of Oliver & Robinson, and the Wayne mortgage, so called, which was contributed to the firm by H. M. and upon the bond accompanying which he afterwards brought suit at law against Oliver after it had so been contributed as a pa:rt of the capital stock of the firm. It should be addell that H. M. Robinson was one of the active parties engaged in consummating the so-called Buffalo agreement, as well as in forming the new partnership; indeed, it may be said that he was the real man representing the Robinson interest in the original firm of Oliver & Robinson; and the transactions in question, as well as the evidence in the case, clearly indicate that he so continued in a great measure after the formation of the new firm. It appears that Hunt & Eschelman, pending the transactions abOVe stated, bOught most of the mort· gages against the property in question, including the C. Haines & Co. mortgage, which was, after assignment to Hunt, put in as capital stock in the new firm by Haines and .Banney, who composed said firm of said Haines & Co., and the E. &G. R. Haines mortgage, for which Hunt gave his notes, which were afterwards paid by the firm of Cunning. ham, Robinson, Hli;inesr& Co., and never presented to ,Runt. Notwithstanding the fact .that the $35,000 mortgage had been put into the firm as capital'stock, Hunt and Eschelman afterwards instituted proceedings to foreclose the same, to which proceedings we shall hereafter have occasion to allude. And it appears that thefirro of Cunningham, Robinson, Haines & Co. paid all the expense of such foreclosure, and subsequently received $46,000 as the proceeds of timber sold from the lands covered by sale, although Hunt was the nom· inal purchaser at the sale. A letter of Cunningham to G. J. Robinson, of date January 25, 1872, refers to Eschelman as "a very quiet and comfortable partner." The copartnership articles between Cunningham, Robinson, Haines & Ranney were signed for Cunningham by Hunt, who is his fatherin-law, thus establishing the fact that Hunt then knew that Cun!lingham was using the mortgage, the legal title to which was in Hunt and Eschelman as capital stock in the firm. Although Oliver proposed voluntarily to place the title to his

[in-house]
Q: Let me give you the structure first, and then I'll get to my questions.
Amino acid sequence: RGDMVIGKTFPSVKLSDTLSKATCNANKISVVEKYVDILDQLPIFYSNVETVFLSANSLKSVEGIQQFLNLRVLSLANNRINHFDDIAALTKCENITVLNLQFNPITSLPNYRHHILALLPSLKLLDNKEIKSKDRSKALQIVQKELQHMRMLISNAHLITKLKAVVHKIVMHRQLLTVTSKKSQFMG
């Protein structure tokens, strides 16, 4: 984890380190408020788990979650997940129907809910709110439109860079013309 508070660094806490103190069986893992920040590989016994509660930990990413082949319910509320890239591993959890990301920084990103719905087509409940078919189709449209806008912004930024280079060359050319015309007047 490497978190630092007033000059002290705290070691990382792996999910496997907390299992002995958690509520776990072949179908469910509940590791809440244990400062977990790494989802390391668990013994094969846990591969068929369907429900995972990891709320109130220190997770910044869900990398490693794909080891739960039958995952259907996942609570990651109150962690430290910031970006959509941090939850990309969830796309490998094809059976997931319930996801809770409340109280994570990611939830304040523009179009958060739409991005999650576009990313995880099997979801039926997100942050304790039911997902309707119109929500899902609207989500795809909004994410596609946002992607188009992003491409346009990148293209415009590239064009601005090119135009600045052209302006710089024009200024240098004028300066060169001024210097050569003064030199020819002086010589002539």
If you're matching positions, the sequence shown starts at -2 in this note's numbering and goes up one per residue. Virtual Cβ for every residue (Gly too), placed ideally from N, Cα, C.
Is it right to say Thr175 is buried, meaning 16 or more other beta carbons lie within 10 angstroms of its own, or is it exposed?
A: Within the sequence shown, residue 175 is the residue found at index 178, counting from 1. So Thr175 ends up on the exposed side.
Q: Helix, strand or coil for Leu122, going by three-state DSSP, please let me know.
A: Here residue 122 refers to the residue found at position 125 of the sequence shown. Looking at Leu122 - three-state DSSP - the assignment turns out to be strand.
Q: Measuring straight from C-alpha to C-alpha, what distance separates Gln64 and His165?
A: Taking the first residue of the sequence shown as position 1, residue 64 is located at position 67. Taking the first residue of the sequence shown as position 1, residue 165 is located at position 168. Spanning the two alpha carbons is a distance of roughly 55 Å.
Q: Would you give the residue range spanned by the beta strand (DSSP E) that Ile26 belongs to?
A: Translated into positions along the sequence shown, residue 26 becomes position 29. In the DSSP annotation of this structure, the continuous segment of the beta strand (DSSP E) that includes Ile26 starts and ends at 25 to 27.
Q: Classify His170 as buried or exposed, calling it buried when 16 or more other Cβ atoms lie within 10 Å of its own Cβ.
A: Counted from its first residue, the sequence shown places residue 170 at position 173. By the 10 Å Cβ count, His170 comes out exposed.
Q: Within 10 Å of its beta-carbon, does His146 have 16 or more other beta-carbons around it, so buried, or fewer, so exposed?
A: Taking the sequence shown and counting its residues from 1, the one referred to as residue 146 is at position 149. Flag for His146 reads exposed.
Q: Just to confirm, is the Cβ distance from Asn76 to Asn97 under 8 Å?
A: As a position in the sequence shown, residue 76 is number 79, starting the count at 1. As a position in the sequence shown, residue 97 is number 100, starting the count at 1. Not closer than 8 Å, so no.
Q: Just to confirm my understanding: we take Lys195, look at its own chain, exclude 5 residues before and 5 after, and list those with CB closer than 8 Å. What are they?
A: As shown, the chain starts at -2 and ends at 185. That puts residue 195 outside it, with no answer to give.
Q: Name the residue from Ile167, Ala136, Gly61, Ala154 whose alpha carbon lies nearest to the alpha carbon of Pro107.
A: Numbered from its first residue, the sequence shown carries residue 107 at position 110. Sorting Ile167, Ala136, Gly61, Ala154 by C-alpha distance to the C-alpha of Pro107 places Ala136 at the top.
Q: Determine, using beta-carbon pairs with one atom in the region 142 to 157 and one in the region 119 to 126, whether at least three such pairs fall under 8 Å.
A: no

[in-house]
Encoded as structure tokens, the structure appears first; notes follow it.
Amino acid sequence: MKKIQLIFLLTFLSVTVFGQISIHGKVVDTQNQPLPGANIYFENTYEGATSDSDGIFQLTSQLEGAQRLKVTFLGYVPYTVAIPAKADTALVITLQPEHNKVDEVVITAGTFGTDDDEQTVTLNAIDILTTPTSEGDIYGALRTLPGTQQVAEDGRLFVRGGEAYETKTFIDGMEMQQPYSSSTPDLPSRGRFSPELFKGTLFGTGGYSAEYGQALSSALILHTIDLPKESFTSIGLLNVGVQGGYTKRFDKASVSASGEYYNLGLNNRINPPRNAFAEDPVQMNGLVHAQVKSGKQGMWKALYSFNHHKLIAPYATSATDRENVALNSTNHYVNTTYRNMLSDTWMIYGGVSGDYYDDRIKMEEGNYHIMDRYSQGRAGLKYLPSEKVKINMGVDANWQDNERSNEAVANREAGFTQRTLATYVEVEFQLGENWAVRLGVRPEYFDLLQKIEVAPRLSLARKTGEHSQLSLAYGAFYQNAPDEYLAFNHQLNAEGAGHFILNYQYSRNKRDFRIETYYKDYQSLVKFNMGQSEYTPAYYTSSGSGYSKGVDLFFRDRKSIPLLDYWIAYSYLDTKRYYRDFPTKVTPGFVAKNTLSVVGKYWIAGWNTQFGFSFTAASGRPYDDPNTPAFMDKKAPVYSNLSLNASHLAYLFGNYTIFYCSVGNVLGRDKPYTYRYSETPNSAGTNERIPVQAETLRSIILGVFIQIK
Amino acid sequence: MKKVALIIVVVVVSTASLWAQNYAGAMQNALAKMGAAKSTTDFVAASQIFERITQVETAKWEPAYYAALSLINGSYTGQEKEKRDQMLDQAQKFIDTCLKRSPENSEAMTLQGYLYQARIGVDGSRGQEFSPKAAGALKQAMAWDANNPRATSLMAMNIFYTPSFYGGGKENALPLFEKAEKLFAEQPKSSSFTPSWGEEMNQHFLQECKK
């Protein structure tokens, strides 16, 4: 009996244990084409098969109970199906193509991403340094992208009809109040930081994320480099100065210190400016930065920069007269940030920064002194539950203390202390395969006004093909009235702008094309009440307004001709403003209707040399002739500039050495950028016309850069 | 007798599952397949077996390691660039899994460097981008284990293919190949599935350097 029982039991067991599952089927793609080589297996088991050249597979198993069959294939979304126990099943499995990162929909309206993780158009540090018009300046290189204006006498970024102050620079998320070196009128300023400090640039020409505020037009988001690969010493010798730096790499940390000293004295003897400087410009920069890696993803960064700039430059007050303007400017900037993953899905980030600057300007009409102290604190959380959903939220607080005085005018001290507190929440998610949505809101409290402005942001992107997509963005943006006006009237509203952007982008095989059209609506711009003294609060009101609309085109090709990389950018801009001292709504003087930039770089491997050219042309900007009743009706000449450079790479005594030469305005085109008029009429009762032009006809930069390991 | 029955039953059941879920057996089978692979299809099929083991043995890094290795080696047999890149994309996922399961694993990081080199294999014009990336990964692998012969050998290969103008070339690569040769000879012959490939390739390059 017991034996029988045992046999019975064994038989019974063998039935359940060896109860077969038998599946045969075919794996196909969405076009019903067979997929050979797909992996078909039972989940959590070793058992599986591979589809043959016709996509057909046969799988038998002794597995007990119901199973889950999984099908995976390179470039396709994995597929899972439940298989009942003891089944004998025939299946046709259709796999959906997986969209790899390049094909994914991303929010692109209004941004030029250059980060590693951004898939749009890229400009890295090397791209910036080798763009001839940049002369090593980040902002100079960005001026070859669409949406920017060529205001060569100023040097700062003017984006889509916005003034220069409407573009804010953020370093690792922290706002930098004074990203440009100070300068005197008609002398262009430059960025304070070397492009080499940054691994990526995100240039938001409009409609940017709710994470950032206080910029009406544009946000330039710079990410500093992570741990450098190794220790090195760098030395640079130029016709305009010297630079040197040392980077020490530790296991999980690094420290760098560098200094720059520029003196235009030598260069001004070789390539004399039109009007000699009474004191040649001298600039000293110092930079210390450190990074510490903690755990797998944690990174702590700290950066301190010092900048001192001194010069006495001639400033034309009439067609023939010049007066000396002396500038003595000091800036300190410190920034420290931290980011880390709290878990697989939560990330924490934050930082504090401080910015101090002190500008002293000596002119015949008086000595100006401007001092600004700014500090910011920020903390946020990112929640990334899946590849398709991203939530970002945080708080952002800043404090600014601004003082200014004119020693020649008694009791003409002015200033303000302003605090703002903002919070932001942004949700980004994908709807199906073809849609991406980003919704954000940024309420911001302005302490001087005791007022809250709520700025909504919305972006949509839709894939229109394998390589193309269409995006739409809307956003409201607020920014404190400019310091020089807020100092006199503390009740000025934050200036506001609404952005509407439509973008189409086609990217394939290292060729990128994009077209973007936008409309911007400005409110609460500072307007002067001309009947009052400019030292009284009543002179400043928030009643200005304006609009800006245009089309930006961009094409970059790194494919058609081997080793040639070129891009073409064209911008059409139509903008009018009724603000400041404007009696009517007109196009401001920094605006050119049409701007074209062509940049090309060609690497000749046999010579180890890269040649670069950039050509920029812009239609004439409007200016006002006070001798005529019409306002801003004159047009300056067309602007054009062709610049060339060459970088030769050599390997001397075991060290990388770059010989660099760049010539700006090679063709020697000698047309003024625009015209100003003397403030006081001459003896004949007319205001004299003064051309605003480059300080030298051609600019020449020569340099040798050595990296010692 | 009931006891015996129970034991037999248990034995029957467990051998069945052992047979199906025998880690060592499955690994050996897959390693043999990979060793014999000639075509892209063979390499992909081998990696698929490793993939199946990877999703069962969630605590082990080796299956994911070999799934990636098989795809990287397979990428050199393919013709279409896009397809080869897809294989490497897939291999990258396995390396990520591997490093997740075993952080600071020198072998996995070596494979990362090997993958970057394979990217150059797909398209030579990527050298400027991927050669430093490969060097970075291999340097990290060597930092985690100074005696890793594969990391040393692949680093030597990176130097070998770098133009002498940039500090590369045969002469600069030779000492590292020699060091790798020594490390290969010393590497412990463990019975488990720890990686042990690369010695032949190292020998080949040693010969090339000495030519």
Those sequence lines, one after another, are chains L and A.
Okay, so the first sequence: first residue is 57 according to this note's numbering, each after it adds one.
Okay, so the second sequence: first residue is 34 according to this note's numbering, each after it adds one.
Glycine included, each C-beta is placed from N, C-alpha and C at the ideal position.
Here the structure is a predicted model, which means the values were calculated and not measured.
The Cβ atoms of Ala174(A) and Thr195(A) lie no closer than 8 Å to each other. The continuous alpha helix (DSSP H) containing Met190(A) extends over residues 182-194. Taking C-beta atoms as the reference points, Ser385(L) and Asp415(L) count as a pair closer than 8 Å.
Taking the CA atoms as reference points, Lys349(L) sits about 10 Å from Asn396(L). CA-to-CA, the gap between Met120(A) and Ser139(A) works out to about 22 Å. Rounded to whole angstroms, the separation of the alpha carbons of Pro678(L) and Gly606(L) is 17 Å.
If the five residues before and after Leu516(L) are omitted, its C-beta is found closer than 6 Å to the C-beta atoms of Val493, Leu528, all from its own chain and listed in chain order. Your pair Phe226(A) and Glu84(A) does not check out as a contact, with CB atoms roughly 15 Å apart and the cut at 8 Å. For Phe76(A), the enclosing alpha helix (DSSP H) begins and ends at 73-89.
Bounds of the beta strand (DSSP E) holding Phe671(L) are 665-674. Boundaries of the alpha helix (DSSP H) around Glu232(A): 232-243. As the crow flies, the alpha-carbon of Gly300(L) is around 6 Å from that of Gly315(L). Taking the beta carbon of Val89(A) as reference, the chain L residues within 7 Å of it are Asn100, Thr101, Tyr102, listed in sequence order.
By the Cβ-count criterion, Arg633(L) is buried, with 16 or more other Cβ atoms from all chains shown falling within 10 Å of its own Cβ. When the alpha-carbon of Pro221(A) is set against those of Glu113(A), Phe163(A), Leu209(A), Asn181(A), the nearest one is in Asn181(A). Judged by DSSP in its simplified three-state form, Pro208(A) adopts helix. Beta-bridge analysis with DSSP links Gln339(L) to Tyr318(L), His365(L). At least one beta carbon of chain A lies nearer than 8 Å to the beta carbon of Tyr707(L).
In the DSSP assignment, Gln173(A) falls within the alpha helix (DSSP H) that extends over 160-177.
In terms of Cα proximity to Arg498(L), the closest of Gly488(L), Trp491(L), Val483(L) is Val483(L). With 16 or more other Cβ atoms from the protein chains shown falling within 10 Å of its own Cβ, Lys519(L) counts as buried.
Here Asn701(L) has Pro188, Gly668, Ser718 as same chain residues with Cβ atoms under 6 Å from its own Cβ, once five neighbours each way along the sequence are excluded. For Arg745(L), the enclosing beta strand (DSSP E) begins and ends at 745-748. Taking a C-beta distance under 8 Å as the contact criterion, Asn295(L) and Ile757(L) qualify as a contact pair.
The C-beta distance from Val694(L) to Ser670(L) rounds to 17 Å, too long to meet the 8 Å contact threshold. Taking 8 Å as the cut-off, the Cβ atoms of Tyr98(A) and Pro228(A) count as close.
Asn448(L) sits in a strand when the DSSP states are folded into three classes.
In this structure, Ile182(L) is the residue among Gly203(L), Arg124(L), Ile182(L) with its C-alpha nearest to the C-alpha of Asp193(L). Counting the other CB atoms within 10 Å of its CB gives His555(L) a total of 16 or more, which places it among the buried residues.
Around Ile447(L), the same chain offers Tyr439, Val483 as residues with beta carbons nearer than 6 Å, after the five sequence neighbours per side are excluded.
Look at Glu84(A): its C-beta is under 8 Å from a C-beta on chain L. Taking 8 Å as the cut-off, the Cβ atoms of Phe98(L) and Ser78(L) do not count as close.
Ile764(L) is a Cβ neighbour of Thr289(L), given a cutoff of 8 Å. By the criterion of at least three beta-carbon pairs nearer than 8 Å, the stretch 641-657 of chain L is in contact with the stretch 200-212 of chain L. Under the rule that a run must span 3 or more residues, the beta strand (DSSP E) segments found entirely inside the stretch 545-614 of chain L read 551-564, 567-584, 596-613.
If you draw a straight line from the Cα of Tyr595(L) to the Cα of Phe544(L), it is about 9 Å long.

OLIVER 'V. OUNNINGHA.M.